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Cats are extremely clean animals, so if they refuse to use the litter box, they haven’t suddenly become rebellious or sloppy. Your feline friend is just trying to tell you something…

A kitten ignoring her litter box is one thing, as the little ones will always need initial training. An adult cat suddenly boycotting her litter tray is quite another. There are three main reasons for this:

1. An underlying health issue

Toilet trouble can, more often than not, be a sign that your kitty isn’t feeling well. She may be suffering from a UTI, kidney problems or digestive issues such as diarrhoea or constipation. It could also be arthritis, and that climbing in her litter tray has become a challenge. To find the cause, the first and best thing to do is to see a vet.

2. Feline anxiety

If a physical problem has been ruled out, the next possible cause could be emotional. Cats can get stressed when there’s a change in their environment, so house guests or new neighbours may be what’s causing the change in behaviour. Cats that are bored, lonely, or feel threatened by another pet may also spray or poop in random places out of frustration.

3. Litter box preferences

As with food or toys, your kitty knows exactly what she likes in her bathroom, so paying attention to her toilet habits can be revelatory. For example, many cats find scented litter unpleasant; others may feel a closed litter tray is too cramped; and in some cases, a box that appears clean to you may be too smelly by feline standards.

Solving your cat’s litter box problems

Whether you’ve found the answer to your kitty’s toilet crisis or you simply want to keep things in order, these tips may help:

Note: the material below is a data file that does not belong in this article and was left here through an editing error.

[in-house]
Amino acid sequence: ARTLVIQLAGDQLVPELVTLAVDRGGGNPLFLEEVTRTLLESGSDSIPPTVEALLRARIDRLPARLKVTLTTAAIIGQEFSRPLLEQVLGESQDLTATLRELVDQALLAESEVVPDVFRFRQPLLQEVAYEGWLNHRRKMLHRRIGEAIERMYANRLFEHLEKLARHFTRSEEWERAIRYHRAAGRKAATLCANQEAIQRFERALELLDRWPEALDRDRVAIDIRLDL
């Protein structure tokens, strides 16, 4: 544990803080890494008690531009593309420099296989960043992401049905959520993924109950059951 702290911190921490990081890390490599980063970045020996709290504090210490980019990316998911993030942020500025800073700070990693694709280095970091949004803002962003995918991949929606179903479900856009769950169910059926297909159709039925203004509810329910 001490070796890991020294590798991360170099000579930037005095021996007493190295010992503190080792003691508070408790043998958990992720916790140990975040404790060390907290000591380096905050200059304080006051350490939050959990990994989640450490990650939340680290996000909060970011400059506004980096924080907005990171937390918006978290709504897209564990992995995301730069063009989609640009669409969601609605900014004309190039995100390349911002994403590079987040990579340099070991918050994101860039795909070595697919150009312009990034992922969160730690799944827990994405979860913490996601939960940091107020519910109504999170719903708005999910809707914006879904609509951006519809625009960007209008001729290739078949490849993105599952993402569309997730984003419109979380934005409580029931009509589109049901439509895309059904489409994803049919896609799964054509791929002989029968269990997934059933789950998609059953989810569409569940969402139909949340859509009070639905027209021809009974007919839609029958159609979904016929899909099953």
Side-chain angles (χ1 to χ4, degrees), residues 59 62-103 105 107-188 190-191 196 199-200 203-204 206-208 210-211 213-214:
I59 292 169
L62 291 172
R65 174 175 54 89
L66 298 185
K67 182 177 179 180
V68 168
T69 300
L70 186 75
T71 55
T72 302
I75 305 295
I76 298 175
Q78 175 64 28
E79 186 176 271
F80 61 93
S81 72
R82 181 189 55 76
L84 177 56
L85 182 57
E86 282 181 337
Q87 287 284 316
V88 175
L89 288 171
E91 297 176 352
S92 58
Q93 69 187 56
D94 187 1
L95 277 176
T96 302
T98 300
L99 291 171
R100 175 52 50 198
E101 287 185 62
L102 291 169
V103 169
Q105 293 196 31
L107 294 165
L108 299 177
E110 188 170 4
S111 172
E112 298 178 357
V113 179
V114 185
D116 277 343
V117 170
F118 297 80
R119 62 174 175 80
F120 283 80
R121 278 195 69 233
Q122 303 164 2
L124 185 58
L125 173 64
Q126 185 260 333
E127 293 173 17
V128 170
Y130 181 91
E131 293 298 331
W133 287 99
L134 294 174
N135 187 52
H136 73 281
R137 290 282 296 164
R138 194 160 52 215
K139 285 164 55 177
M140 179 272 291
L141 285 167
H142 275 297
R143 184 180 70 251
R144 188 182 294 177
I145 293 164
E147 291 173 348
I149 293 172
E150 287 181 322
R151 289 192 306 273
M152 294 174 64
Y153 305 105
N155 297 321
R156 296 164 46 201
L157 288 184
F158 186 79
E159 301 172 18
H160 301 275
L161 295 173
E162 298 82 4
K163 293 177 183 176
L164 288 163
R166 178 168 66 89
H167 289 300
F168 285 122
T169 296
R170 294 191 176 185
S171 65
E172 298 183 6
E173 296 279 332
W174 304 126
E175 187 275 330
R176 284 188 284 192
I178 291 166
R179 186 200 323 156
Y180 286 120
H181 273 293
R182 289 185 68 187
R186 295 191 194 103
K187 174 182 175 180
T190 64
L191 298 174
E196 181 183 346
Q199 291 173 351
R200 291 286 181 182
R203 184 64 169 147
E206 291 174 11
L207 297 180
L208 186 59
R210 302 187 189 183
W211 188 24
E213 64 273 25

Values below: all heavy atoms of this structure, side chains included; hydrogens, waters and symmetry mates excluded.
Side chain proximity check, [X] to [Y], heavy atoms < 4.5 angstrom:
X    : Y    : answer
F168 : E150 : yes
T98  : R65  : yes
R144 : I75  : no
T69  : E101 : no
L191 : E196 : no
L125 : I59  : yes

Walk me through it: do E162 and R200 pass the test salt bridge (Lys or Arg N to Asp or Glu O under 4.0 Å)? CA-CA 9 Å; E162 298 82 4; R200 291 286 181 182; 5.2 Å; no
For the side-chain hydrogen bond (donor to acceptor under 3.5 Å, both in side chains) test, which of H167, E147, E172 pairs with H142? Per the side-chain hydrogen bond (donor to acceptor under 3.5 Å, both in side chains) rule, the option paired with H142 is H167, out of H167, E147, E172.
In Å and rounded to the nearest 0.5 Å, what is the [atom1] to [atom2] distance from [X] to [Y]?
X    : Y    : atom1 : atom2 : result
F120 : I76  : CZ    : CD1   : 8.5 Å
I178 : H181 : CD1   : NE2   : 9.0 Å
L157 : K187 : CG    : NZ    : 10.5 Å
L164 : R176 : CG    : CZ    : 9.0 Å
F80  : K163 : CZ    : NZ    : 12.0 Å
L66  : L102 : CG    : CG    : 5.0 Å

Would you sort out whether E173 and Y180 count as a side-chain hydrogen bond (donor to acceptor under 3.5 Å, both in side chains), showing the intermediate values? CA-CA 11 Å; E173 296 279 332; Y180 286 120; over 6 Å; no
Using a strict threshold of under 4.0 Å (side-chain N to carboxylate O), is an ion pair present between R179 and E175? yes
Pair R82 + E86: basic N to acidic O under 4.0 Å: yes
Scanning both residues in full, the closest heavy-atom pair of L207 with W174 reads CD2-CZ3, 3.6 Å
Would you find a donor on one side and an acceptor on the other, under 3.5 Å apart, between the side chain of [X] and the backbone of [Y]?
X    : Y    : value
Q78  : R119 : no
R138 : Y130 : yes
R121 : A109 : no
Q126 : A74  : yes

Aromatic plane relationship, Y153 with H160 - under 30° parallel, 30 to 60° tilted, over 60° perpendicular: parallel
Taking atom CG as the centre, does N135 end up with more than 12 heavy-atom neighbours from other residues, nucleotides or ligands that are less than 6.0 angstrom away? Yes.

• Clean your cat’s litter daily by removing wet litter and clumps. Cats love a clean toilet, so when faced with dirty litter, they’ll turn to cleaner surfaces like your bed, carpet or bathtub.
  • Replace the litter at least once a week after giving the box a good rinse with warm water. Adding vinegar to the water will help to neutralise odours.
  • Ensure the litter box is in a quiet location. This will help your cat feel safe and relaxed when doing her business.
  • Provide a litter tray that is big enough for her size and that allows her to turn around. Older cats can also benefit from a litter box with low sides (for easy access).
  • Sometimes simple is best. If you suspect your moggie isn’t fond of the plastic hood covering the litter tray, remove it.
  • Find out what your cat’s preferred litter is and stick to it. Our best-selling litter, Kokoba clumping litter, is 100% natural and easy to clean. But it may be that your kitty has a liking for paper or wood litter.
  • For several cats, provide individual trays, plus an extra one. Many cat parents find this a good solution to their cats’ ‘toilet battles’.
  • Replace the litter tray once a year. An old litter box will wear down and become porous after repeated use, absorbing bacteria.

There’s nothing like praise and perseverance to bring back the good old litter box habits. And while punishment typically drives cats away, encouragement and patience will get her there.